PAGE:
Safety culture as a healthcare construct

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Palmieri, P. A., & Peterson, L. T. (2009). Safety culture as a healthcare construct. Presented at the Annual Meeting of the Academy of Management (August 9): Chicago, Illinois, USA. Nominated for Best Paper Award, Healthcare Management Division.

Transcript of Safety culture as a healthcare construct

  • 1.Safety Culture as aHealthcare ConstructPatrick A. PalmieriCenter for American EducationLori T. PetersonNance College of Business AdministrationPresented at the 2009 Annual Meeting of the Academy ofManagement, Chicago, Illinois (August 9, 2009).Best Paper Award Nominee, Health Care Division.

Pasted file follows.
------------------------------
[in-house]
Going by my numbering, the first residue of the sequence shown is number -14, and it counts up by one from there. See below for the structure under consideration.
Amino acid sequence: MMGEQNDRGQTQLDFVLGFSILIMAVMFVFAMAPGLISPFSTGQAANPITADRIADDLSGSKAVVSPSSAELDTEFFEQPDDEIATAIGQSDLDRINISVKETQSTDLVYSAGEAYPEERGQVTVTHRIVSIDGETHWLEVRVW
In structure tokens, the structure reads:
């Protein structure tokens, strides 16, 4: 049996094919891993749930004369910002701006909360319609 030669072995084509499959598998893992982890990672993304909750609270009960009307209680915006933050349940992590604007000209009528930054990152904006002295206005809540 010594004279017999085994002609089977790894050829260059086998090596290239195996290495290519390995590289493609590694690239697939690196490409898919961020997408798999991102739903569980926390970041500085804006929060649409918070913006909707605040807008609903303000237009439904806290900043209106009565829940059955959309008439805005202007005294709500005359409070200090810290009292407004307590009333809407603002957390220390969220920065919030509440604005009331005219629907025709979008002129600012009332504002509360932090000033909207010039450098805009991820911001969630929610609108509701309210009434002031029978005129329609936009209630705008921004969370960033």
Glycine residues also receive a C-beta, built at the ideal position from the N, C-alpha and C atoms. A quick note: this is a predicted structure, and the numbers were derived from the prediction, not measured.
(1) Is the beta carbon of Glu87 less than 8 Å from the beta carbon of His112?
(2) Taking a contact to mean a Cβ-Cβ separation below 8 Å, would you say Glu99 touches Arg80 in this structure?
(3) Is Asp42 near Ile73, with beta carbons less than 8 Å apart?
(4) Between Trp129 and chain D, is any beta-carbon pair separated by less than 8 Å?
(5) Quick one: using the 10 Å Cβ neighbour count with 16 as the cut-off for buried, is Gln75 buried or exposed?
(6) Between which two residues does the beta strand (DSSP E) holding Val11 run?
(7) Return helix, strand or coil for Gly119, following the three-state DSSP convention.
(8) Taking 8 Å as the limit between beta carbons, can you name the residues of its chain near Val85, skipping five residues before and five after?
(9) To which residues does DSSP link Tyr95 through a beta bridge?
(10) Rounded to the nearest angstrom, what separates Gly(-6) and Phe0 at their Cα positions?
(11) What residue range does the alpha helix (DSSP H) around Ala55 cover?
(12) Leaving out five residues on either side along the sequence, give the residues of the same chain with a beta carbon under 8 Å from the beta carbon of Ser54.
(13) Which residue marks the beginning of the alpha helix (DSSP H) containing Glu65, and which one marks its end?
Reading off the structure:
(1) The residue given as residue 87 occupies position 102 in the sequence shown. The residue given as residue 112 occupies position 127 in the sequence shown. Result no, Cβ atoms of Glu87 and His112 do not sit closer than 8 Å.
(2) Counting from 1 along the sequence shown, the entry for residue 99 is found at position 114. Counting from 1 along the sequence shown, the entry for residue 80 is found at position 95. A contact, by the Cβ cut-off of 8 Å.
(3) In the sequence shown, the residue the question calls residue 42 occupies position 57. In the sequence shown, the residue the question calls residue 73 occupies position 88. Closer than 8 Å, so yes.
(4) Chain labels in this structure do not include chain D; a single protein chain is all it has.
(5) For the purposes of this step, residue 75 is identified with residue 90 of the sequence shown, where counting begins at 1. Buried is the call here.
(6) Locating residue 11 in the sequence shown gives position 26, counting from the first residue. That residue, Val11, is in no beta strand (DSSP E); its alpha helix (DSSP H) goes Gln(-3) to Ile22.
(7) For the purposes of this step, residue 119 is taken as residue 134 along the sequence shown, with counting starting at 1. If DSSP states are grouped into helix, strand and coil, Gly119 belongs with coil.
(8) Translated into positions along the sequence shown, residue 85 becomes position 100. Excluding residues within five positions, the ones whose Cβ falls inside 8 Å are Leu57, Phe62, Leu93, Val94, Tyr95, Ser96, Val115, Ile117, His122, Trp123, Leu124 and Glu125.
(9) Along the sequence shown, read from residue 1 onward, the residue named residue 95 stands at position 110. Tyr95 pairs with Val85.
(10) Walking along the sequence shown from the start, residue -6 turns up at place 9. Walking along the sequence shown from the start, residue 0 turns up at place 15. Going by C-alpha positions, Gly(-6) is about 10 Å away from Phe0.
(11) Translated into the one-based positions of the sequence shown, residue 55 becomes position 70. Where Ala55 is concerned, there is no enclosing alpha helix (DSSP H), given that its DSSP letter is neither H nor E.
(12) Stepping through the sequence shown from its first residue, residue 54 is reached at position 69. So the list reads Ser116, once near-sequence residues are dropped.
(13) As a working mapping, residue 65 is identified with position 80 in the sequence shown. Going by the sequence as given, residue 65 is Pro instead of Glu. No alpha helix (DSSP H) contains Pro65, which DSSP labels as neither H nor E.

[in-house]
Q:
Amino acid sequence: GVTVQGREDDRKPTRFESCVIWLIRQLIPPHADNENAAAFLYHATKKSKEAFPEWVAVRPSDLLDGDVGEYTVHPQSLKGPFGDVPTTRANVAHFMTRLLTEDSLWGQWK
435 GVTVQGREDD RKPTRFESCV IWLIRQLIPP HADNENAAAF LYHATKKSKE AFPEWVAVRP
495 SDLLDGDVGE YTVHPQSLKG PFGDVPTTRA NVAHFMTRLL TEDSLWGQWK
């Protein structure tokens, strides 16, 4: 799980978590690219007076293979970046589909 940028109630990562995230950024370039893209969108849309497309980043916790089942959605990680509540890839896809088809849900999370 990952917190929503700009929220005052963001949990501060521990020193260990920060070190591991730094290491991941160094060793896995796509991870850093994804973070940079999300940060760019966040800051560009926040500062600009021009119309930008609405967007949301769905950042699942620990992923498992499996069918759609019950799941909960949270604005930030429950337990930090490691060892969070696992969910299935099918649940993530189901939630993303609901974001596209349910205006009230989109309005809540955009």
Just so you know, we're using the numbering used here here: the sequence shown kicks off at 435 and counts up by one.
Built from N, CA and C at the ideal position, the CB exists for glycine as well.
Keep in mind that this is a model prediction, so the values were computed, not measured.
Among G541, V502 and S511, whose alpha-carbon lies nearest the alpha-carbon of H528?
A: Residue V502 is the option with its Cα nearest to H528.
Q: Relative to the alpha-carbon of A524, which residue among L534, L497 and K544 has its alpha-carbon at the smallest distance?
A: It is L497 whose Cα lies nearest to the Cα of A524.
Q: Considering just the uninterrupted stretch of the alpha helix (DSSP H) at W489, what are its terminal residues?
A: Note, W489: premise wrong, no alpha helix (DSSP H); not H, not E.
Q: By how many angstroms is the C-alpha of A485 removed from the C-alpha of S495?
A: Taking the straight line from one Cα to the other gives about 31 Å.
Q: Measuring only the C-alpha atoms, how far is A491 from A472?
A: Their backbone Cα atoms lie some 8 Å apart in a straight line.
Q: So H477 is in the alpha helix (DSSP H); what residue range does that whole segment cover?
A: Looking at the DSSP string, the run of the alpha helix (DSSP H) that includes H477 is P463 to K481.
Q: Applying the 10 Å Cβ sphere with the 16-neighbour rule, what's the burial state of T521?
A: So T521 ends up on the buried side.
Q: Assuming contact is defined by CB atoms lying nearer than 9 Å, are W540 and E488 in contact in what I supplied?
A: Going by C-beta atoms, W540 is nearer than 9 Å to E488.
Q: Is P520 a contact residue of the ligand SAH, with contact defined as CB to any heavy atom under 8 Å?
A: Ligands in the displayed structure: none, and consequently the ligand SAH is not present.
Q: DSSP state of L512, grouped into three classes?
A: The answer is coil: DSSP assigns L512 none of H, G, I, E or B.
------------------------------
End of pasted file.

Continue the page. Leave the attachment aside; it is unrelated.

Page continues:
2. Funding Sources for Our Work Patrick Albert Palmieri Duke Health Technology Solutions Information Technology Fellowship Duke University Doctoral Scholarship National Institutes of Health (NIH) Roadmap for Medical Research, (Individual T-32 Summer Research Award). Project: Organizational Safety Culture Survey Reliability and Validity (Palmieri, PI). Duke University Clinical and Translational Science Institute (Califf, PI). Lori T. Peterson Texas Tech University Rawls College of Business Center for Health Innovation, Education, and Research 3. Paper Aims Analyze the theoretical underpinnings of safety culture Examine the psychometric performance properties of the measurement instruments Provide an assessment about the state of safety culture research in healthcare 4. Presentation Aims Summarize the state of healthcare to support the need for safety culture research Identify the disciplinary origination (theoretical influences) for the safety culture concept Describe the contemporary safety culture framework Discuss the findings from our review Recommend aims and goals for future safety culture work 5. INTRODUCTION 6. It may seem a strange principle to enunciate as the very first requirement in a hospital that it should do the sick no harmFlorence Nightingale, 1863, Notes on Hospitals 7. Healthcare is Dangerous Flawed systems (e.g. Zhan & Miller, 2003) Faulty processes (e.g. Reason, Carthey, & de Leval, 2001) Poor interactions (e.g. Cook, Render, & Woods, 2000) Substandard performance (e.g. Benner et al. 2006) Inadequate training (e.g. Bohmer & Edmondson, 2001) Poor management practices (e.g. Konteh et al., 2008)Anatomy and Physiology of Error in Adverse Healthcare Events Palmieri, DeLucia, Peterson, Ott, & Green (2008) 8. Safety Culture Focus Institute of Medicine recommends that healthcare organizations: Develop safety cultures Routinely assess safety culture Establish comprehensive patient safety plans to improve error detection Reduce opportunities for error by redesigning care systemsIOM, 2000, 2004a, 2004b 9. Definition of Safety Culture A global organizational property that can be defined as: The organizational inputs of individual and group attitudes, perceptions, and values about workplace behaviors and system processes that collectively contribute to safe and reliable organizational outputs. (Cox and Flin 1998 and others) 10. THEORETICAL INFLUENCES 11. Theoretical Influences Sociology Normal Accident Theory Psychology High Reliability Theory Human Factors and Ergonomics (HF/E) Aviation Framework 12. Sociology Safety is an emergent property of culture (Smirich 1983) Reflect the collective history of individualcontributions to group (Perrow 1970) Culture is not easily changed (Perrow & Langton, 1994; Sagan, 1994) Resistant to direct management intervention (Mears & Flin, 1999) Safety linked to reduced complexity & coupling Inflexible policies and procedures, and poorlydesigned processes and systems (Perrow, 1999) 13. PsychologySimilar to Sociology except: Cultures readily change Exist for the purpose of manipulation (Schein, 1991) Individual focused Collective mindfulness of employees (Weick &Roberts, 1993; Weick & Sutcliffe, 2006) Management practices and interventions 14. Human Factors & Ergonomics Emphasis on application not theoryproduction Derived from deductive methodologies Critical incident (Flanagan, 1954; Woods & Chattuck, 2000) Critical decision (Carlisle, 1986)Note: Aviation research related to behavioral markersis incomplete, early in development, and notpsychometrically validated (Yule at al., 2006) 15. CONSTRUCTS & FRAMEWORK 16. Research Assumptions Four assumptions guide the majority of safety culture research: 1. Safety focused cultures produce better outcomes 2. Improved safety performance are produced bypositive safety cultures 3. Organizations can improve culture by makingsafety a priority 4. Management practices influence employee safetyperformance 17. Safety Culture Characteristics Four cultural characteristics permit the organization of work to support safety 1. Learning 2. Reporting 3. Justice and Fairness 4. Flexibility (e.g. Reason, 1998b) 18. Safety Culture Framework Frameworks and models undefined No arrows, no lines connecting boxes Possible antecedents Error reporting (Piotrowski & Hinshaw, 2002) Non-punitive climate (Dekker, 2007) Trust (Dirks & Ferrin, 2002) Management involvement and practices (Thomas et al., 2005; Wong, Helsinger, & Petry, 2002) System and processes perspective (Barach & Johnson, 2006) 19. FINDINGS 20. Basic Conceptual Issues Unsystematic, fragmented, and underspecified in theoretical terms (Pidgeon ,1998; Zhan et al., 2002) Considerable disagreement among safety experts about the definition of safety culture and how this is operationalized (Flin et al., 2000; Guldenmund, 2000; Hale, 2000;Wiegmann et al., 2004) Culture & climate terms often used interchangeably e.g. Cox and Flin, 1998, Colla et al., 2005) ( Safety culture research provides management with data for benchmarking and trends analysis(Mearns, Flin, & Whitaker, 2001) 21. Healthcare Safety CultureThe applicability of safety culture as a universal concept across disciplines and specialties within healthcare aswell as the relationship to specific safety performance measures remains questionable and unsettled . Flin et al., 2006 22. RECOMMENDATIONS 23. Theoretical FrameworkOnly the lack of theoretical grounding, scarcity of conceptualframework, and the presence of a dimension related to leadership and management practices was common across the reviews. e.g. Flin et al., 2000; Guldenmund, 2000;Colla et al., 2005; Scott et al., 2003a 24. Measurement Instruments Merely developing moremeasurement scales and re-testingclimate-behavior relationships will hold back scientific progress.Zohar, 2008 25. Research MethodsMeasuring individual perceptions withinstudies designed to analyze data at thegroup or organizational level istheoretically incompatible Hoffman & Stetzer, 1996; Zohar, 2003 26. Psychometric PropertiesThe science is limited by theinadequate attention to establishing suitable psychometric properties, such as reporting essential validity and reliability standards Colla et al., 2005; Flin et al., 2006; Flin, 2007 27. ConclusionWe agree Safety culture is a concept whose time has come and we should develop a clearer theoretical understanding of these organizational issues to create a principled basis for more effective culture- enhancing practices. Reason (1998b)but we also believe Inadequate theoretical frameworks and the associated instrument and methodological issues limit further development as a translational science where interventions might be designed, implemented, and tested as methods to improve outcomes. 28. Contact InformationPatrick A. Palmieripalmieripa@gmail.comLori A. Petersonltpeterson@gmail.comCITATION: Palmieri, P. A., & Peterson, L. T. (2009). Safety culture as ahealthcare construct. Presented at the Annual Meeting of the Academy ofManagement (August 9): Chicago, Illinois, USA.